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Looking at the Full Picture: A Look at the First Half of the 2013 Investment Year

July 9, 2013

It is very common for an investor to fixate on an index as a performance comparison to their portfolio.  This familiar mistake often leads investors to chase returns or change their risk parameters if their portfolio is not performing as well as the compared index.  This can lead to disastrous results!!!

Many investors compare their portfolios to the S&P 500 Index.  The S&P 500 is representative of U.S. large-cap stocks.  It is a meaningful benchmark against which to measure the movements of the large-cap U.S. stock market.  But it’s not the full picture, and in many cases it may not be the most suitable index against which to compare your portfolio.  Why would you compare your portfolio to the S&P 500, unless you were invested 100% in large, domestic stocks?  In a year like 2013, you did not come close to matching the results of the S&P 500 unless you were fully invested in domestic stocks.

The U.S. economy represents a little less than 22% of the world’s economy.  Sixty percent of ETFs representing the markets of the top twenty economies (which represents 80% of the total world economy) produced negative returns.  Almost every bond ETF that we track (domestic and international) has produced negative returns for the year.  Domestic REITs are barely up, but have retreated significantly from their highs in May.  International REITs are down.  The commodities ETF that we track is down -6.90% for the year.  Commodities focused in precious metals, like gold and silver, are down much more significantly.  For example, the gold ETF (GLD) is down -27% for the year and the silver ETF (SLV) is down -37.55%.

As an exercise, I decided to calculate what the return would be if an investor had invested in a diversified portfolio of ETF’s.  I assumed two-thirds of the investor’s equity exposure would be invested in the S&P 500.  The other one-third would be equally invested in all available ETFs for the top eighteen economies (excluding Saudi Arabia because there isn’t an ETF in which to invest).  I decided to use the 7-10 year Treasury ETF as an average investment in bonds.  The returns are as follows:

80/20 Stock to Bond Allocation:                  4.37%

60/40 Stock to Bond Allocation:                  2.21%

40/60 Stock to Bond Allocation:                  0.06%

20/80 Stock to Bond Allocation:                  -2.10%

Clearly, this last year has been challenging for highly diversified portfolios.  However,   we will continue to identify the best places for us to invest your portfolio, while balancing the risks of doing so.  We strongly believe in the virtues of a highly diversified portfolio and the benefits gained by investing this way.  If, however, you are interested in moving into a domestic only strategy, please call us to discuss our strategies.  Polaris manages three domestic stock strategies that are not directly invested in the international marketplace.

As always, I welcome all calls and comments.  Please feel free to call or write.  Below, I have also included the details of the top 20 economies and the corresponding country ETF performance, as well as the bond ETFs that we track.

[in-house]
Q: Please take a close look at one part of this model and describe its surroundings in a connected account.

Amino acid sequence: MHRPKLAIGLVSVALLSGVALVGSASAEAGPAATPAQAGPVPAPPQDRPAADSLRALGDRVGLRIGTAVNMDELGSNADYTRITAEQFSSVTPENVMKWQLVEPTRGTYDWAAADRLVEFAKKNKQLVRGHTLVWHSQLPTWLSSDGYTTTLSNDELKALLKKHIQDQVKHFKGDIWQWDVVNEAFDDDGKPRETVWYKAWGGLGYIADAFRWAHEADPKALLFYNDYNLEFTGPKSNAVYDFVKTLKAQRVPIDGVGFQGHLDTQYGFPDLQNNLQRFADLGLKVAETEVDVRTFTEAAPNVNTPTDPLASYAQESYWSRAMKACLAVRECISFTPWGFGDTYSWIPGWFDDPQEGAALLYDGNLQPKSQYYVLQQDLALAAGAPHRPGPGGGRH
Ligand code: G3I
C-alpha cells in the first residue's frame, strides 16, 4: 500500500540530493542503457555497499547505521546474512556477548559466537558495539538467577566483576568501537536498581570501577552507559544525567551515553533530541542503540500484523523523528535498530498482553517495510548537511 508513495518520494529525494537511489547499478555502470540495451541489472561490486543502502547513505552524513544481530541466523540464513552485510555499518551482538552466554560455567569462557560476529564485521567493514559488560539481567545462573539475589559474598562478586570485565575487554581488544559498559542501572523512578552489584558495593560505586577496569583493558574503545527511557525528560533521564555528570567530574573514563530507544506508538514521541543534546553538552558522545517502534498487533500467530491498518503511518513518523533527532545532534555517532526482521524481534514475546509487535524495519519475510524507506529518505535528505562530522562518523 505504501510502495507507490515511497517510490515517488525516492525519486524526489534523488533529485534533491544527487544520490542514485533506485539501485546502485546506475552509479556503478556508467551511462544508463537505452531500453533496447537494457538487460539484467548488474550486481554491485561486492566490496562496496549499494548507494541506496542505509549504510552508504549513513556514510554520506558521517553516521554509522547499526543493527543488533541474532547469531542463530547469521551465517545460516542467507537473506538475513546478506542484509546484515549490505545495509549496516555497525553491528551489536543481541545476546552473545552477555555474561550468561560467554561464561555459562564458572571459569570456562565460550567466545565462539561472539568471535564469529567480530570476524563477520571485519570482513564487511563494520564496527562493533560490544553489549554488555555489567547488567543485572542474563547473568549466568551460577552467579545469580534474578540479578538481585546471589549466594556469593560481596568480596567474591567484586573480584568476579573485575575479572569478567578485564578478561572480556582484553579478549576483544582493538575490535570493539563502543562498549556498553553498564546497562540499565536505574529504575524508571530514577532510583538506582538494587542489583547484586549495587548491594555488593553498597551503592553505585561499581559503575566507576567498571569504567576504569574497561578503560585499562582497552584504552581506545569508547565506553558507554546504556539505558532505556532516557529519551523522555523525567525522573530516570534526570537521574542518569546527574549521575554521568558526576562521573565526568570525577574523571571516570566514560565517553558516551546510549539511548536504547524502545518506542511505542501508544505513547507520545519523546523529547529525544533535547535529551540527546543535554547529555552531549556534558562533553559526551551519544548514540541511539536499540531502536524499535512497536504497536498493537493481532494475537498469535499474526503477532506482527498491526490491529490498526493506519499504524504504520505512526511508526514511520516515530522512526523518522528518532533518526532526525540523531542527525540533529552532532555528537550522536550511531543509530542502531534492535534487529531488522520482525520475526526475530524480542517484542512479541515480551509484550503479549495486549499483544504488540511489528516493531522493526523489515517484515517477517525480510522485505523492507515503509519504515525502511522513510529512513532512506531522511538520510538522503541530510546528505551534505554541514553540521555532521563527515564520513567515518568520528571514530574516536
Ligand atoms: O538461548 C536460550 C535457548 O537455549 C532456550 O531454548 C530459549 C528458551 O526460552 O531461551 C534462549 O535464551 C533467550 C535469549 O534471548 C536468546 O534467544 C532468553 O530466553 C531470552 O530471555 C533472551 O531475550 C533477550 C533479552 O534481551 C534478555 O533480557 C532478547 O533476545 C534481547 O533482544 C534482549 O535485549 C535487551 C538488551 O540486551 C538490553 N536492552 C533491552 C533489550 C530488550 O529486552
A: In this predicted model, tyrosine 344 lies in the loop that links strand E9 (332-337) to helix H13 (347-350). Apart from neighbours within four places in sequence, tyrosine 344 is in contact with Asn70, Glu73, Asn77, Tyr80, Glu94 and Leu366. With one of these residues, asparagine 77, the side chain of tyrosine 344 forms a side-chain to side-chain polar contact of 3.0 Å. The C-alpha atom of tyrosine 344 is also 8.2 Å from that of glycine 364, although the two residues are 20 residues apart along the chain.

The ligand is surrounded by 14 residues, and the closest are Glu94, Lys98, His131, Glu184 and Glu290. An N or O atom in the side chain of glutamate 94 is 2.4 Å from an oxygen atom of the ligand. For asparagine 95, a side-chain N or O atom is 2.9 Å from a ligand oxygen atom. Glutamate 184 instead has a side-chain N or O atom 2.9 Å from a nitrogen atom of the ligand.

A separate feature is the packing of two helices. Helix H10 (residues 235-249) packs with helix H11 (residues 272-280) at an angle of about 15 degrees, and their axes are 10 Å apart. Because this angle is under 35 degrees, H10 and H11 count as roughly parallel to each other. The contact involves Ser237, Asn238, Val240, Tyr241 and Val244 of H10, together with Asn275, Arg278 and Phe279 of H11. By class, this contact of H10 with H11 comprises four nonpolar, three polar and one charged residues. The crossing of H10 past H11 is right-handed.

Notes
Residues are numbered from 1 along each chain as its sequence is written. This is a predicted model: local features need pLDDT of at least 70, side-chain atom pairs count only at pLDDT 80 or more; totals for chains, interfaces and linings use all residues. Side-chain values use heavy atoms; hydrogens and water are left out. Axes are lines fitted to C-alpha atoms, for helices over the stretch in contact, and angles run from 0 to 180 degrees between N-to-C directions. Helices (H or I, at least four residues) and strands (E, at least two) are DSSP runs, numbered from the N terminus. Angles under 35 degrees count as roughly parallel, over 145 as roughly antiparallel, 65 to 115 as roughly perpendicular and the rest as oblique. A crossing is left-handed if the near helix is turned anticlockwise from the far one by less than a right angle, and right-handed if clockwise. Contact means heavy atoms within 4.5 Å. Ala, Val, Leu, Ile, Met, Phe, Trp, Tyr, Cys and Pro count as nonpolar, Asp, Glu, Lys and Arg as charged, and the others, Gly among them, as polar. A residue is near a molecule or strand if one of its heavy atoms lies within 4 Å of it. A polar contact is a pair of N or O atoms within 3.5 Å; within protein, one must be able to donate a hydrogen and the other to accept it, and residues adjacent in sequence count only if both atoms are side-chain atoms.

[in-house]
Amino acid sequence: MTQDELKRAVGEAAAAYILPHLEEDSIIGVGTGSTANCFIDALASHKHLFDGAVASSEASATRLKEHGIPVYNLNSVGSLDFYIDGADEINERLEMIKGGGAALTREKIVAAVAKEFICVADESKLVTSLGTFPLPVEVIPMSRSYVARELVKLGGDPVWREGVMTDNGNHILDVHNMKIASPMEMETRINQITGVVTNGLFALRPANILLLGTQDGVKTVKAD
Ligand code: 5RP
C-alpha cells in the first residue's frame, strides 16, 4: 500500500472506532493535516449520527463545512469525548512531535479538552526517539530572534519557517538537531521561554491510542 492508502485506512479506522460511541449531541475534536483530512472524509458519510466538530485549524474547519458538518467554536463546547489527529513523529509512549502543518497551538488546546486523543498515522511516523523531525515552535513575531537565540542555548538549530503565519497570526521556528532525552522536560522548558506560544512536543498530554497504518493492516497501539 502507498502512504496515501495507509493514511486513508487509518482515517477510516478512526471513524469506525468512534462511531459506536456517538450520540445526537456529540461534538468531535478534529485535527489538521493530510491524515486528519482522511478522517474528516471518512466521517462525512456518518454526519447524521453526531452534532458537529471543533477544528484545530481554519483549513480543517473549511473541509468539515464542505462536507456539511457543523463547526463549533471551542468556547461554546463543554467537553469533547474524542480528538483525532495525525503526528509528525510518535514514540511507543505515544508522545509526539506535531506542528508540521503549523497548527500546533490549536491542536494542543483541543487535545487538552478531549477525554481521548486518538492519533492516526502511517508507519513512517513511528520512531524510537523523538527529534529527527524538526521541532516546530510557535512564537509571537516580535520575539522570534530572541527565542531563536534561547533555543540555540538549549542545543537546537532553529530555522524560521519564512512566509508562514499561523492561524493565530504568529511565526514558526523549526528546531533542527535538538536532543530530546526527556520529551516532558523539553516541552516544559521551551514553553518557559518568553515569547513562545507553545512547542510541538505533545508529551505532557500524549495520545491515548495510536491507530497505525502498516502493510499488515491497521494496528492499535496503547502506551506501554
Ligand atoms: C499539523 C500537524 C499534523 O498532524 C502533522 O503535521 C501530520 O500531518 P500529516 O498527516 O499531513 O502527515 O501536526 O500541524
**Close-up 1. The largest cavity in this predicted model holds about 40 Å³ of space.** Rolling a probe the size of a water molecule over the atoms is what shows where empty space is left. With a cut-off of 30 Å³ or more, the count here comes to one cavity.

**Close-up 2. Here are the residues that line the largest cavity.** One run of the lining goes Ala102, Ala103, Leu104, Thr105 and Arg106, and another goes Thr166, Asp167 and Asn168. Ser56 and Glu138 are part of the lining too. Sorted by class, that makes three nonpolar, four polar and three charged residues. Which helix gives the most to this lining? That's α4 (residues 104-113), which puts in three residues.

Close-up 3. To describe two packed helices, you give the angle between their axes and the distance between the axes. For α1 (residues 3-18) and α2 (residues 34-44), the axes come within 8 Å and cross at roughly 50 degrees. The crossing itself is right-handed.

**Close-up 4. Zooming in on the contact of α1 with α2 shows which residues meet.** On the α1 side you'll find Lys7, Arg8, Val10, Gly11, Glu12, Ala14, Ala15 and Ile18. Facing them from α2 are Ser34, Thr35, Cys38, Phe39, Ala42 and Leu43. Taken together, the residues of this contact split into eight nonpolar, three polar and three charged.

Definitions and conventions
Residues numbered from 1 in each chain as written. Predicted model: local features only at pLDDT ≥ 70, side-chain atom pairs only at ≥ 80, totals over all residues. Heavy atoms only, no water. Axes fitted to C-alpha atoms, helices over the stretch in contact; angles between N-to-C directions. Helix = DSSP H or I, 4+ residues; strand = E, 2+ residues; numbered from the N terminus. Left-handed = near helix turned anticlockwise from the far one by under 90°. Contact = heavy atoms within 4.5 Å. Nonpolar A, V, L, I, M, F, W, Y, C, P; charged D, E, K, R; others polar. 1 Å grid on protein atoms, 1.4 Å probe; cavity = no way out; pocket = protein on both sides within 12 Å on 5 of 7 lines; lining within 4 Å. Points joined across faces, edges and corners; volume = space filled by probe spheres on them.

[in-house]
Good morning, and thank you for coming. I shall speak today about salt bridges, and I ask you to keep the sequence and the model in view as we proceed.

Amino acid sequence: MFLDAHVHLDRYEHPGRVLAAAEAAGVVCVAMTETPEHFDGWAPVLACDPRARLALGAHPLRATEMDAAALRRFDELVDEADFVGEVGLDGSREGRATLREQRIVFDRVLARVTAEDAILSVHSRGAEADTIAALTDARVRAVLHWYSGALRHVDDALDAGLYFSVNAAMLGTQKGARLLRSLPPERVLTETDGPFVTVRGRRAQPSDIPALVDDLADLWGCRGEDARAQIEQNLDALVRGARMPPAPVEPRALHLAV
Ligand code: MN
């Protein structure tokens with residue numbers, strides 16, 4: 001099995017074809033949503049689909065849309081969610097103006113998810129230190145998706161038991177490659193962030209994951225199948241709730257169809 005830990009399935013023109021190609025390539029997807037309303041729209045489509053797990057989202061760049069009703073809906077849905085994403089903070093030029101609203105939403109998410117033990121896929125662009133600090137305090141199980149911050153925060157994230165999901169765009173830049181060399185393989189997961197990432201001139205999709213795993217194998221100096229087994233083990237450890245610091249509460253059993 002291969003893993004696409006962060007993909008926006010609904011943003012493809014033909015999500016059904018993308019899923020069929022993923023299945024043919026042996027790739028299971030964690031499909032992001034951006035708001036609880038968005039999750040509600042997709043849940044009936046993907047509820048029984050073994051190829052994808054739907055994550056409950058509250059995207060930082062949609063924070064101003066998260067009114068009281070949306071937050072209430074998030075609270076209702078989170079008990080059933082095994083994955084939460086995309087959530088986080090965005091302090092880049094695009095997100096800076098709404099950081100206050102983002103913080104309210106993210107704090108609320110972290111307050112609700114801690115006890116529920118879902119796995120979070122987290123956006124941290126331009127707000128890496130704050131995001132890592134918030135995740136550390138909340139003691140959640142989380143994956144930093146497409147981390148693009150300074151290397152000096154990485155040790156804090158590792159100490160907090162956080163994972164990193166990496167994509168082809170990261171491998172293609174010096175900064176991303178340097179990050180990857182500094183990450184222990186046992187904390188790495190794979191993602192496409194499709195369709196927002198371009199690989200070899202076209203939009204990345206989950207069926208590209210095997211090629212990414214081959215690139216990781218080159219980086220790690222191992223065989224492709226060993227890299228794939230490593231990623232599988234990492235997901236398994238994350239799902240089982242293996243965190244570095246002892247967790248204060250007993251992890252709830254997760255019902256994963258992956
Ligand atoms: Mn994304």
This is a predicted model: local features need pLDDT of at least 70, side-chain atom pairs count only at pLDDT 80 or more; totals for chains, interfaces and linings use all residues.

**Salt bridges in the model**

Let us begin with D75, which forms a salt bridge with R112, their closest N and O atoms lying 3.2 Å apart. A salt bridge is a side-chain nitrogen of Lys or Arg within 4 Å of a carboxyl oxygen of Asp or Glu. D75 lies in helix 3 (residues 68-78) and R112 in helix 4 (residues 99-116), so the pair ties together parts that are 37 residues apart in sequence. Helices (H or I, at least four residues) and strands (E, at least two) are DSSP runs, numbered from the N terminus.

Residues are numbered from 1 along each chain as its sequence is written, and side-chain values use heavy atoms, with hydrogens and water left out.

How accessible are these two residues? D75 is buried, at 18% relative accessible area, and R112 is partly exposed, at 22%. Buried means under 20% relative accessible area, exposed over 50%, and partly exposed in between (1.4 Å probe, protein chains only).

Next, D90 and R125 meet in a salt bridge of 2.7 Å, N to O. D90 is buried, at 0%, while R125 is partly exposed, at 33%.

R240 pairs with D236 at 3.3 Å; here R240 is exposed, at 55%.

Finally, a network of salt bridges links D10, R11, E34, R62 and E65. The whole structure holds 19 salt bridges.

Sincerely,

Jeff

Top 20 Economies & ETF

     

(size in trillions)

% of World

6/30/2013

  Country

ETF

Economy

Economy

YTD Returns

1

US

SPY

15.686

21.88%

12.60%

2

China

FXI

8.227

11.47%

-17.48%

3

Japan

EWJ

5.963

8.32%

15.57%

4

Germany

EWG

3.400

4.74%

1.75%

5

France

EWQ

2.608

3.64%

1.20%

6

UK

EWU

2.440

3.40%

-0.11%

7

Brazil

EWZ

2.395

3.34%

-20.08%

8

Russia

ERUS

2.021

2.82%

-16.49%

9

Italy

EWI

2.014

2.81%

-10.39%

10

India

INP

1.824

2.54%

-9.79%

11

Canada

EWC

1.819

2.54%

-6.87%

12

Australia

EWA

1.541

2.15%

-8.03%

13

Spain

EWP

1.352

1.89%

-6.94%

14

Mexico

EWW

1.177

1.64%

-6.90%

15

S. Korea

EWY

1.155

1.61%

-17.13%

16

Indonesia

IDX

0.874

1.22%

1.01%

17

Turkey

RUT

0.794

1.11%

-8.84%

18

Netherlands

EWN

0.773

1.08%

2.93%

19

Saudi Arabia

N/A

0.727

1.01%

10.22%

20

Switzerland

EWL

0.632

0.88%

9.22%

Average Performance of the 18 Country Specific ETFs:                                 -5.41%

Top 20 Countries Economies:                  57.422              80.08%

The Total World Economy:                       71.707

As I stated earlier, the bond market has also taken its lumps.  There were very few places to find positive returns.  Those that had positive returns gave up much of their performance over the last six weeks of the quarter, as almost all bonds dropped in value due to comments made by Ben Bernanke and other Federal Reserve Presidents.

Performance of Bond ETFs 

   

6/30/2013

Bond ETF

    Symbol

YTD Returns

1 -3 Year Treasuries

SHY

-0.06%

3 - 7 Year Treasuries

IEI

-1.18%

7 - 10 Year Treasuries

IEF

-4.26%

10 - 20 Year Treasuries

TLH

-5.64%

20+  Year Treasuries

TLT

-8.57%

Inflation Protected Treasuries

TIP

-7.42%

Investment Grade Corporates

LQD

-4.93%

Aggregate Bond Index

AGG

-2.52%

National Municipal Bonds

MUB

-3.04%

High Yield Bonds

HYG

0.31%

International Government Bonds

IGOV

-5.46%

Emerging Markets Sovereign Debt

PCY

-10.83%

International Inflation Protected Bonds

WIP

-8.03%

Preferred Stock

PFF

1.19%

       

Average Performance                                                                                   -4.32%

Categories: Polaris Greystone Financial Group, LLC.

Tags: 2013, Economy, ETFs, Investments, Investments 2013, S&P 500

 

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